- Simplicial complex
In

mathematics , a**simplicial complex**is atopological space of a particular kind, constructed by "gluing together" points,line segment s,triangle s, and their "n"-dimensional counterparts (see illustration). Simplicial complexes should not be confused with the more abstract notion of asimplicial set appearing in modern simplicial homotopy theory.**Definitions**A

**simplicial complex**$mathcal\{K\}$ is a set ofsimplices that satisfies the following conditions::1. Any face of a simplex from $mathcal\{K\}$ is also in $mathcal\{K\}$.:2. The intersection of any two simplices $sigma\_1,\; sigma\_2\; in\; mathcal\{K\}$ is a face of both $sigma\_1$ and $sigma\_2$.Note that the empty set is a face of every simplex. See also the definition of an

abstract simplicial complex , which loosely speaking is a simplicial complex without an associated geometry.A

**simplicial $k$-complex**$mathcal\{K\}$ is a simplicial complex where the largest dimension of any simplex in $mathcal\{K\}$ equals "k". For instance, a simplicial 2-complex must contain at least one triangle, and must not contain any tetrahedra or higher-dimension simplices.A

**pure**or**homogeneous**simplicial "k"-complex $mathcal\{K\}$ is a simplicial complex where every simplex of dimension less than "k" is the face of some simplex $sigma\; in\; mathcal\{K\}$ of dimension exactly "k". Informally, a pure 1-complex "looks" like it's made of a bunch of lines, a 2-complex "looks" like it's made of a bunch of triangles, etc. An example of a "non"-homogeneous complex is a triangle with a line segment attached to one of its vertices.A

**facet**is any simplex in a complex that is "not" the face of any larger simplex. (Note the difference from the "facet" of a simplex.) A pure simplicial complex can be thought of as a complex where all facets have the same dimension.Sometimes the term "face" is used to refer to a simplex of a complex, not to be confused with the face of a simplex.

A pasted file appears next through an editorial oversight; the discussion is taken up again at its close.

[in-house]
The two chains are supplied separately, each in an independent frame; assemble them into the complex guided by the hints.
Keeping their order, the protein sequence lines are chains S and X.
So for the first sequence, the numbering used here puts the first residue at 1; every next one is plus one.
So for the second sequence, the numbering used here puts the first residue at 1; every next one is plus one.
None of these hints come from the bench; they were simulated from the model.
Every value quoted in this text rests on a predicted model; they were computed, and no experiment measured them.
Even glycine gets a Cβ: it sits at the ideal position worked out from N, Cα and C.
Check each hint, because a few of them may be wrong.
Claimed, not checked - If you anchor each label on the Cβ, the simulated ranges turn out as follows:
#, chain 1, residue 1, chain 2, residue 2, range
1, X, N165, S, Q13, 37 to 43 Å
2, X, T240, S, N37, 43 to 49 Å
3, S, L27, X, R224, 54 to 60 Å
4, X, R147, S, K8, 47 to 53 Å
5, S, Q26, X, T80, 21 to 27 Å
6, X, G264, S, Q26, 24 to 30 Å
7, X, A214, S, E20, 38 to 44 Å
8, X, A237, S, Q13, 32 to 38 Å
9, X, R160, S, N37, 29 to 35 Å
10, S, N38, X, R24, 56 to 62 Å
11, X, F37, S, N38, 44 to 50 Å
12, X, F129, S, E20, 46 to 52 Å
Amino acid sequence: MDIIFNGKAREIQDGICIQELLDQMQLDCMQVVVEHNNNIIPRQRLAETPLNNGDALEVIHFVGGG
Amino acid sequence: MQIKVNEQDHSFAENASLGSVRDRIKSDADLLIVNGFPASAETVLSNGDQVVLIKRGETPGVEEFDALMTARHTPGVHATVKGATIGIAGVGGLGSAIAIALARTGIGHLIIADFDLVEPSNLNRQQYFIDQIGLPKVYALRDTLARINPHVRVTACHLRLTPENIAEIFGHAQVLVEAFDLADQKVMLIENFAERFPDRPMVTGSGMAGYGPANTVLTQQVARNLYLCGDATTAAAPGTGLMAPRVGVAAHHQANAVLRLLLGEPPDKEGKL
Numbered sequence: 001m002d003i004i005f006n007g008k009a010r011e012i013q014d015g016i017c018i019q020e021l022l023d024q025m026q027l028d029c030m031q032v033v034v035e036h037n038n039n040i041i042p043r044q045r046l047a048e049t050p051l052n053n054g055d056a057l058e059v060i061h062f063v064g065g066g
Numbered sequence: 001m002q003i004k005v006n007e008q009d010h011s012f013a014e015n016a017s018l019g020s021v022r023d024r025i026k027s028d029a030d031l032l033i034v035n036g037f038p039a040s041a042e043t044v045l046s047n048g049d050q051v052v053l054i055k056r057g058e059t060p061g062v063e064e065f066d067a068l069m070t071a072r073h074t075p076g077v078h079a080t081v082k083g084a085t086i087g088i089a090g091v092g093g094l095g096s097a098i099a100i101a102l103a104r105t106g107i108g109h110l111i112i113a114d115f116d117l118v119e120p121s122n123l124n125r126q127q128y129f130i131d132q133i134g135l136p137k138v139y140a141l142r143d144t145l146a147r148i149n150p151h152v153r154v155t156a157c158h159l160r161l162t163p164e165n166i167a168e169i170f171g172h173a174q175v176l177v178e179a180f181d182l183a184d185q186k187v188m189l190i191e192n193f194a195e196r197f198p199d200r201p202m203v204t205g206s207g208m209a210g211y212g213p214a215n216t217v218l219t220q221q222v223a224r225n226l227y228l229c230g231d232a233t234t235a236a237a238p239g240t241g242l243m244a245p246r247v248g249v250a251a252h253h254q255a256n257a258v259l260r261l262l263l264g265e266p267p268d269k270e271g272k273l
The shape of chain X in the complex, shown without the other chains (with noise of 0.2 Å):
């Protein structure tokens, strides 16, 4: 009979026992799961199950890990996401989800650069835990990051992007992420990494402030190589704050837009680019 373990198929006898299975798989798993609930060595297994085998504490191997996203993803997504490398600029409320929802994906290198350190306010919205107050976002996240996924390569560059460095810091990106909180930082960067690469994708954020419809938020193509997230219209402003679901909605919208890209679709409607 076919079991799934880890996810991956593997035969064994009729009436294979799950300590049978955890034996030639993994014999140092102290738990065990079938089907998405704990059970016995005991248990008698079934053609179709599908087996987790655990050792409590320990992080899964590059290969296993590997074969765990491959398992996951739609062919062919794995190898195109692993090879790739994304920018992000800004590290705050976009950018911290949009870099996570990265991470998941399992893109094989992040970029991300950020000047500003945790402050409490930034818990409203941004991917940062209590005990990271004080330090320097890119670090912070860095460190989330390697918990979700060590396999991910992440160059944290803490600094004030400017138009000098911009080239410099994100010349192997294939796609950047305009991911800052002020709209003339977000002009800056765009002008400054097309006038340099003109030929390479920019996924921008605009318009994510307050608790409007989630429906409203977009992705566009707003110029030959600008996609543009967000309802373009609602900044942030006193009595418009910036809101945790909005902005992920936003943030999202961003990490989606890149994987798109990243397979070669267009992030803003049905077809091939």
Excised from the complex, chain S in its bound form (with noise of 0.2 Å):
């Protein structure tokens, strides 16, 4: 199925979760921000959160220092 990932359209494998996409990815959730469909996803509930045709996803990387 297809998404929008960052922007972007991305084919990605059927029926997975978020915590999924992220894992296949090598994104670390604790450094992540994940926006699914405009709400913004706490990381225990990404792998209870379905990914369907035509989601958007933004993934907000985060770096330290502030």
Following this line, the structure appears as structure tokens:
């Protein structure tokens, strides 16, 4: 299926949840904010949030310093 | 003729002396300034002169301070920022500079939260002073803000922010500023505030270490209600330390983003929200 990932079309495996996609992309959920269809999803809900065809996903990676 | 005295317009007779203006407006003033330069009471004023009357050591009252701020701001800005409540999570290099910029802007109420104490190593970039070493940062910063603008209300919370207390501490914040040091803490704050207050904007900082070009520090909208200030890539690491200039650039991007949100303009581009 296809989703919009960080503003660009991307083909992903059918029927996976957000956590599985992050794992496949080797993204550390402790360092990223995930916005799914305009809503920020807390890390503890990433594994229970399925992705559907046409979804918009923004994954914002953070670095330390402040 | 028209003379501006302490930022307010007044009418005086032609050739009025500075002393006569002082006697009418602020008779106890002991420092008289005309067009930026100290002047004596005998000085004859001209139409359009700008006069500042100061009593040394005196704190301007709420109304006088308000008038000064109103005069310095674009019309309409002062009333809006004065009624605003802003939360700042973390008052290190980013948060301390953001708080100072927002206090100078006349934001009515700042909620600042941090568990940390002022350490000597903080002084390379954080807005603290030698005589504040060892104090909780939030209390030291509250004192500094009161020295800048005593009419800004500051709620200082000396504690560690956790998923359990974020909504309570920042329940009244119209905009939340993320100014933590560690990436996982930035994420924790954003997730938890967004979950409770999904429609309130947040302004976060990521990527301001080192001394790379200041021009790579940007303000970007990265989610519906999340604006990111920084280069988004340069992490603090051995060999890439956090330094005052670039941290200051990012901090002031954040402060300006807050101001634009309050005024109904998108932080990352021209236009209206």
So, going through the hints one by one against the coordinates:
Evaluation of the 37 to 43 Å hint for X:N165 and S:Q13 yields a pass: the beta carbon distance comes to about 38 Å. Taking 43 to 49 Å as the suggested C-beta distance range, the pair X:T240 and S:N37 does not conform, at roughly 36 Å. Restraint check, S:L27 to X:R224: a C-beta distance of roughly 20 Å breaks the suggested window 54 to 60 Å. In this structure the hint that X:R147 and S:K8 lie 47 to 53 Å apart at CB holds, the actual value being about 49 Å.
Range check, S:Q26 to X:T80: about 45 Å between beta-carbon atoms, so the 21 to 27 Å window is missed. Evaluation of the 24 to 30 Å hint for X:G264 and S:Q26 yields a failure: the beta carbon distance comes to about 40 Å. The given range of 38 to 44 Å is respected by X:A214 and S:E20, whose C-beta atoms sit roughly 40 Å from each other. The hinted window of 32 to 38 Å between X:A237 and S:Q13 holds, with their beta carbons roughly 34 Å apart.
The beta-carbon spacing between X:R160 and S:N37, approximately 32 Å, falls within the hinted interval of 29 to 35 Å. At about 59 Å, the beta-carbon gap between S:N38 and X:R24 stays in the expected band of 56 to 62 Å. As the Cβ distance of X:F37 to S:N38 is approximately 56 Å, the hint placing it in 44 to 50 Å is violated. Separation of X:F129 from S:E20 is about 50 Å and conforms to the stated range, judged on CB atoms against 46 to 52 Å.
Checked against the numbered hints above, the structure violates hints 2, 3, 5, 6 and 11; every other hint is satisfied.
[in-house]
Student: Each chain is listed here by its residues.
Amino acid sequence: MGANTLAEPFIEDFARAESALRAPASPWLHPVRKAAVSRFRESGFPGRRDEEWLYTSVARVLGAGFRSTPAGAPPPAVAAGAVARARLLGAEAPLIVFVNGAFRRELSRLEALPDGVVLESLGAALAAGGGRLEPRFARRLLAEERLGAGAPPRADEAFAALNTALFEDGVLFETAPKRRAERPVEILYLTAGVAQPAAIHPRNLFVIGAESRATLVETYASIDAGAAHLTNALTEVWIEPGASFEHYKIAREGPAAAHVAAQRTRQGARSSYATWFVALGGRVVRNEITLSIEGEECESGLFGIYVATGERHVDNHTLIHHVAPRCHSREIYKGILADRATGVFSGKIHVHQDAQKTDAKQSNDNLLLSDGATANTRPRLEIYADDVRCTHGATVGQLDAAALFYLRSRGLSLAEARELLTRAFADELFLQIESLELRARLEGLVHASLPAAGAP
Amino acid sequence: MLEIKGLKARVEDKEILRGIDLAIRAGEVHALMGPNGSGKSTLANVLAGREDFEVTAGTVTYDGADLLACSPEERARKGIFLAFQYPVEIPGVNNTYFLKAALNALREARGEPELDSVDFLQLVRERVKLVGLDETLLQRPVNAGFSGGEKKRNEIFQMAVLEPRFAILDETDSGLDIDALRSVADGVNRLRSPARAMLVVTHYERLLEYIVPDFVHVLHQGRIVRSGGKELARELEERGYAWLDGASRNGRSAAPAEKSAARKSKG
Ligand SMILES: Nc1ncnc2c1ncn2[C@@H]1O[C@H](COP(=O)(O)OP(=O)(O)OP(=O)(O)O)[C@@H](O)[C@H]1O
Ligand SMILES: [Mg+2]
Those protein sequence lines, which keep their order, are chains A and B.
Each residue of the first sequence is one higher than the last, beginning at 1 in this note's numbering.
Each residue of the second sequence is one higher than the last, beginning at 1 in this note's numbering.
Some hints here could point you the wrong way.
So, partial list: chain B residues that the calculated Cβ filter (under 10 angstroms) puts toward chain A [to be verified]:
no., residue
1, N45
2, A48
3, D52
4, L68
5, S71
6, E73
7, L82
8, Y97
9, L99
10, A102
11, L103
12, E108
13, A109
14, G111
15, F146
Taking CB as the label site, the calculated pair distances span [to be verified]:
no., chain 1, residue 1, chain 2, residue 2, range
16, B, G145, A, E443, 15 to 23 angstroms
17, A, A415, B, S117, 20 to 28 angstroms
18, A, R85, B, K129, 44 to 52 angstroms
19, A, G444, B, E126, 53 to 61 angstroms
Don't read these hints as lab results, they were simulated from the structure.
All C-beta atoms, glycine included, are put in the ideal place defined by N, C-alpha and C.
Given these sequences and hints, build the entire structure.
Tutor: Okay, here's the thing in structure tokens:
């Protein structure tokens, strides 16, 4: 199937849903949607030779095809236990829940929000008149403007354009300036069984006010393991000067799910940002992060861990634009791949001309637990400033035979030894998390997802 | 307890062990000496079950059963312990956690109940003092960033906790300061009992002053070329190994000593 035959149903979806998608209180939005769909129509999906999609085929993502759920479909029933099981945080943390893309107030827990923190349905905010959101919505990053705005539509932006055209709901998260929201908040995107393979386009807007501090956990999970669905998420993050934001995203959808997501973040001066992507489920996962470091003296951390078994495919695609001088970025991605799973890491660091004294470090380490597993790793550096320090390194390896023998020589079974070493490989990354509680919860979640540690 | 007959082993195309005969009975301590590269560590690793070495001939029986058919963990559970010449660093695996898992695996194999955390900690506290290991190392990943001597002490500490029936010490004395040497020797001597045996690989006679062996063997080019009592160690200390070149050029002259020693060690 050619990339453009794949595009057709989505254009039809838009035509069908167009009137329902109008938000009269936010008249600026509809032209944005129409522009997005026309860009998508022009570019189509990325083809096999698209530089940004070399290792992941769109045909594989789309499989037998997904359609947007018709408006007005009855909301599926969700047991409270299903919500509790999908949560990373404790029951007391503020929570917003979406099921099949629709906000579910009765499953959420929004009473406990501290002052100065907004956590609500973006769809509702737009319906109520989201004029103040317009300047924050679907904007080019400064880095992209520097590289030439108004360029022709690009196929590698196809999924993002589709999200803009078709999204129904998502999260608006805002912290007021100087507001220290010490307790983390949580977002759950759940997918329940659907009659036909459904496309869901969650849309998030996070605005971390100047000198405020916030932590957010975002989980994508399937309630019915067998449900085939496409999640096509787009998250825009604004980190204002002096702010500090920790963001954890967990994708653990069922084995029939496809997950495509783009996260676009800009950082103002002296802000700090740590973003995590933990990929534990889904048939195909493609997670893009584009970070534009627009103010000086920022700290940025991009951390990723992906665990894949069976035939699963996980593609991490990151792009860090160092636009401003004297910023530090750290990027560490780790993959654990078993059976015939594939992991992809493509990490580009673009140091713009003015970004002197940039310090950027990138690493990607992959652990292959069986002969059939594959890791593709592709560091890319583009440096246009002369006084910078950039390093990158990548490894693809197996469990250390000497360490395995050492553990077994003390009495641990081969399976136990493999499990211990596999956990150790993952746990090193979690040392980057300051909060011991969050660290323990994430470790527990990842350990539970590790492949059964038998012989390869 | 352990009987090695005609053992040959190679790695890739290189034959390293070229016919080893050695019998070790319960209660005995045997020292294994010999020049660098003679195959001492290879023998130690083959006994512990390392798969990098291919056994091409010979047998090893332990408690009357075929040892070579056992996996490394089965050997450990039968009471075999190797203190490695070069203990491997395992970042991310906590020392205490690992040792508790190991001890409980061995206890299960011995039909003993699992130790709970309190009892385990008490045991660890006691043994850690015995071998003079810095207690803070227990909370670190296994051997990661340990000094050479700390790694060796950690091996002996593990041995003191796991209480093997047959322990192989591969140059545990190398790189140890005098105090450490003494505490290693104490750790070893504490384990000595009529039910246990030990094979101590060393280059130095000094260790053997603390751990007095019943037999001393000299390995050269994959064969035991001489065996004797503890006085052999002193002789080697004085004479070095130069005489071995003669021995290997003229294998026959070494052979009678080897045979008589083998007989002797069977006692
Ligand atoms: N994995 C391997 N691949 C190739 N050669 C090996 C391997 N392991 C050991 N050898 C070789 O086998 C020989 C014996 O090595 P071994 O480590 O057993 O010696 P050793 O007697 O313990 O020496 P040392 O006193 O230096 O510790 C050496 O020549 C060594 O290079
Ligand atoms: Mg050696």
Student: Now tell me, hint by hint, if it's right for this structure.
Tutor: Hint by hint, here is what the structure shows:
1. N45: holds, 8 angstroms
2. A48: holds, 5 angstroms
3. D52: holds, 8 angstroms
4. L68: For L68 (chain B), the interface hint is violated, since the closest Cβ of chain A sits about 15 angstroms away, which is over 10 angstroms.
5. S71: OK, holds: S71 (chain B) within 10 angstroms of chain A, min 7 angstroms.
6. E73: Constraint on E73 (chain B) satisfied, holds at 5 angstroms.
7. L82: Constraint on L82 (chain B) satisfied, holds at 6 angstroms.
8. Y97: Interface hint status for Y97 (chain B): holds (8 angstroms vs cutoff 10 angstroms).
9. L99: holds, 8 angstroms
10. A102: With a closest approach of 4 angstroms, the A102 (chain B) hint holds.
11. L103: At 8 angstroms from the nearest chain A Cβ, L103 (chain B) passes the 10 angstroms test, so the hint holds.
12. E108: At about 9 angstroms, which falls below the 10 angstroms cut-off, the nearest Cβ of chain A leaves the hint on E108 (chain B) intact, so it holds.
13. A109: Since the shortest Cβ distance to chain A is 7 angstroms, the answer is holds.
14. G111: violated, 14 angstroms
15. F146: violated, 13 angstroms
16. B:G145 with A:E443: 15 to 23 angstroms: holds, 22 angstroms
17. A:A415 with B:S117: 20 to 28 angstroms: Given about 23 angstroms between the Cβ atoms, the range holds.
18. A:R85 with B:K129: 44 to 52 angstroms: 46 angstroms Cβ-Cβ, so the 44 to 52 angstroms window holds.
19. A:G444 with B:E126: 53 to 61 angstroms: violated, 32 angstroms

For a simplicial complex embedded in a "k"-dimensional space, the "k"-faces are sometimes referred to as its

**cells**. The term "cell" is sometimes used in a broader sense to denote a set homeomorphic to a simplex, leading to the definition ofcell complex .The

**underlying space**, sometimes called the**carrier**of a simplicial complex is the union of its simplices.**Closure, star, and link**The

**closure**of a set of simplices "S" (denoted Cl "S") is the smallest simplicial complex containing all the simplices in S. In other words, Cl "S" is the set containing all faces of every simplex in "S".The

**star**of a set of simplices "S" (denoted St "S") with respect to a simplicial complex "K" is the set of all simplices in "K" which have simplices in "S" as faces. (Note that the star is not necessarily a simplicial complex.)The

**link**of a set of simplices "S" (denoted Lk "S") with respect to a simplicial complex "K" equals Cl St "S" - St "S". The link of "S" is in a sense the "boundary" of S with respect to K.**Algebraic topology**In